The changes in the body composition of hens, particularly with regard to the relationship between crude protein and fat, occur as they grow older and, therefore, an appropriate body composition has been related to the first physiological signals of the development of the reproductive system (Neme et al., 2006). Corroborating the results found in the present work, Almasi et al. (2012) also observed that old sire strain of cocks presented low development of muscle tissue compared to the new sire strain, and considering the metabolism activity of both, the elderly strain have continued to develop muscle tissue for a longer period. Similarly, in accordance with the same authors, cocks of recent strains with faster growing deposited more fat compared to elderly strains during the growing phase. Considering that fat deposition is directly proportional to the amount of available energy for synthesis; to maximize the daily deposition of protein and minimize fat deposition is necessary to avoid excessive energy intake. Thus, it has been reported that increasing dietary fiber fraction may decrease the utilization of nutrients and therefore, reduce the metabolizable energy of feed and decrease growth rate of birds (Bedford, 1995). Thus, because in the present study the diets were formulated to be isonutrient except for NDF and there were no significant differences in feed intake and weight gain by increasing the level of NDF in the diet, it can be stated that the intake and utilization of nutrients are sufficient to ensure deposition of the constituents similar to the constituents of the carcass of the birds, even with the addition of fiber into the diet.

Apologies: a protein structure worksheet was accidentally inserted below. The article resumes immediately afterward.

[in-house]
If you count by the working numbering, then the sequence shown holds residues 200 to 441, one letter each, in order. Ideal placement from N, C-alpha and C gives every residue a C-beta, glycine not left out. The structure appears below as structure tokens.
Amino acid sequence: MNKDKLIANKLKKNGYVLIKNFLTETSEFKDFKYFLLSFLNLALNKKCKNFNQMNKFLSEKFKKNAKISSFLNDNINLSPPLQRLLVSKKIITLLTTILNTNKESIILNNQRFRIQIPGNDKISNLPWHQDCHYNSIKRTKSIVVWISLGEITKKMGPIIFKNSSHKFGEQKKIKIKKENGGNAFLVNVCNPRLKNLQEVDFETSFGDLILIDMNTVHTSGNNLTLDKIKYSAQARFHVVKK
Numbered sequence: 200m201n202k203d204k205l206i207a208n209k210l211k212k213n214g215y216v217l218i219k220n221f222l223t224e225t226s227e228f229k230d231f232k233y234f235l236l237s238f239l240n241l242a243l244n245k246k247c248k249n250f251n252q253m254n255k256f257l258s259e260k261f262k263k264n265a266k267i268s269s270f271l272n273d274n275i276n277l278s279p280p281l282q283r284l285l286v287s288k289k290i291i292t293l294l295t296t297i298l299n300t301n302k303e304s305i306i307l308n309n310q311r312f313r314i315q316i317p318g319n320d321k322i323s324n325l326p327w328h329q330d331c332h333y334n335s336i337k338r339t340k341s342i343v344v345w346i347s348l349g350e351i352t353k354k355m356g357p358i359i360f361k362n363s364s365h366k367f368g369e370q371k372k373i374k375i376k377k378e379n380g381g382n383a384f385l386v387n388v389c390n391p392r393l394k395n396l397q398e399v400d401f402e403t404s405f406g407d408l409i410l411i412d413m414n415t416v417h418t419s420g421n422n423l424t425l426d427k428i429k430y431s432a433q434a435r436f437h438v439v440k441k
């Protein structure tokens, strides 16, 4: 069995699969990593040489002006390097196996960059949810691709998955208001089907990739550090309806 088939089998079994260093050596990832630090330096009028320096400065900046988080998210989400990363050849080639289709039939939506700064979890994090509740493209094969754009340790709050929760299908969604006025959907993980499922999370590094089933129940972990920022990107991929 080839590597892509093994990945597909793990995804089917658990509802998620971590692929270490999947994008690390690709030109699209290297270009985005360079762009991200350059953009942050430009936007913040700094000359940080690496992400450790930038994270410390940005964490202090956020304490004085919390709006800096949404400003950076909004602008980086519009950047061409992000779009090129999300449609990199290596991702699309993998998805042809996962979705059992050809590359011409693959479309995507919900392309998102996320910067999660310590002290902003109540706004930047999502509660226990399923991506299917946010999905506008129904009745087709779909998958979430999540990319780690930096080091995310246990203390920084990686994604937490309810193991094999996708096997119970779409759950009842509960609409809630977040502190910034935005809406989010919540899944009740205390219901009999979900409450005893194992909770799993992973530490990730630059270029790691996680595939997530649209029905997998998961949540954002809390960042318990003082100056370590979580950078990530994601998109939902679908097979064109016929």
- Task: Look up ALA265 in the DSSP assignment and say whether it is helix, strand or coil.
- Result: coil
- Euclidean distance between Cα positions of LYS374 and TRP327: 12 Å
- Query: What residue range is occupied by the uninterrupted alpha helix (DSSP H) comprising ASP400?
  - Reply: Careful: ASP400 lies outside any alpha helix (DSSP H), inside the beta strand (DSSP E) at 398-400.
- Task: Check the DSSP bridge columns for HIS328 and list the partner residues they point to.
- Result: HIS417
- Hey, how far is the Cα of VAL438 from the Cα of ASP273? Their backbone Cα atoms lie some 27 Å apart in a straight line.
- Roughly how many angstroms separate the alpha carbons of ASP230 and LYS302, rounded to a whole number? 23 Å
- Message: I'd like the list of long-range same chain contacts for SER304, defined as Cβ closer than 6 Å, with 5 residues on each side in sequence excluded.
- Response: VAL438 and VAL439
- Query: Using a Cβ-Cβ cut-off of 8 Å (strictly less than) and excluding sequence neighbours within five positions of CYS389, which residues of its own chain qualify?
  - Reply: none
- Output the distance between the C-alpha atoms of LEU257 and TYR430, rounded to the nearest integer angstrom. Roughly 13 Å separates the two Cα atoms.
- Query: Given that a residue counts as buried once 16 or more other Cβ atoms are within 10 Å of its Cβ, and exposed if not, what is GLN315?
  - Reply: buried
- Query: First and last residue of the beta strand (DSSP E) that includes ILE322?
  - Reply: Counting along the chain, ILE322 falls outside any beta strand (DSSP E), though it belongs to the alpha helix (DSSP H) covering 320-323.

The many strains of laying hens may have different deposition rates of chemical components, which will directly influence the body composition of the bird (Gous et al., 1999). Because the light hens are selected for lower body weight at maturity, these birds reach the mature body weight more quickly than semi-heavy hens since they reach the highest rates of physical development in less time. At sexual maturity, in addition to the proper body weight, birds need an ideal carcass composition because both appear to have an effect on egg weight (Neme et al., 2006). According to Marcato et al. (2009), the potential for growth and tissue deposition are influenced by strain, sex, and growth stages, and as the birds grow older, there is naturally more body fat deposition, which is related to the relative maturity while the deposition of lean meat or protein is controlled by genetics.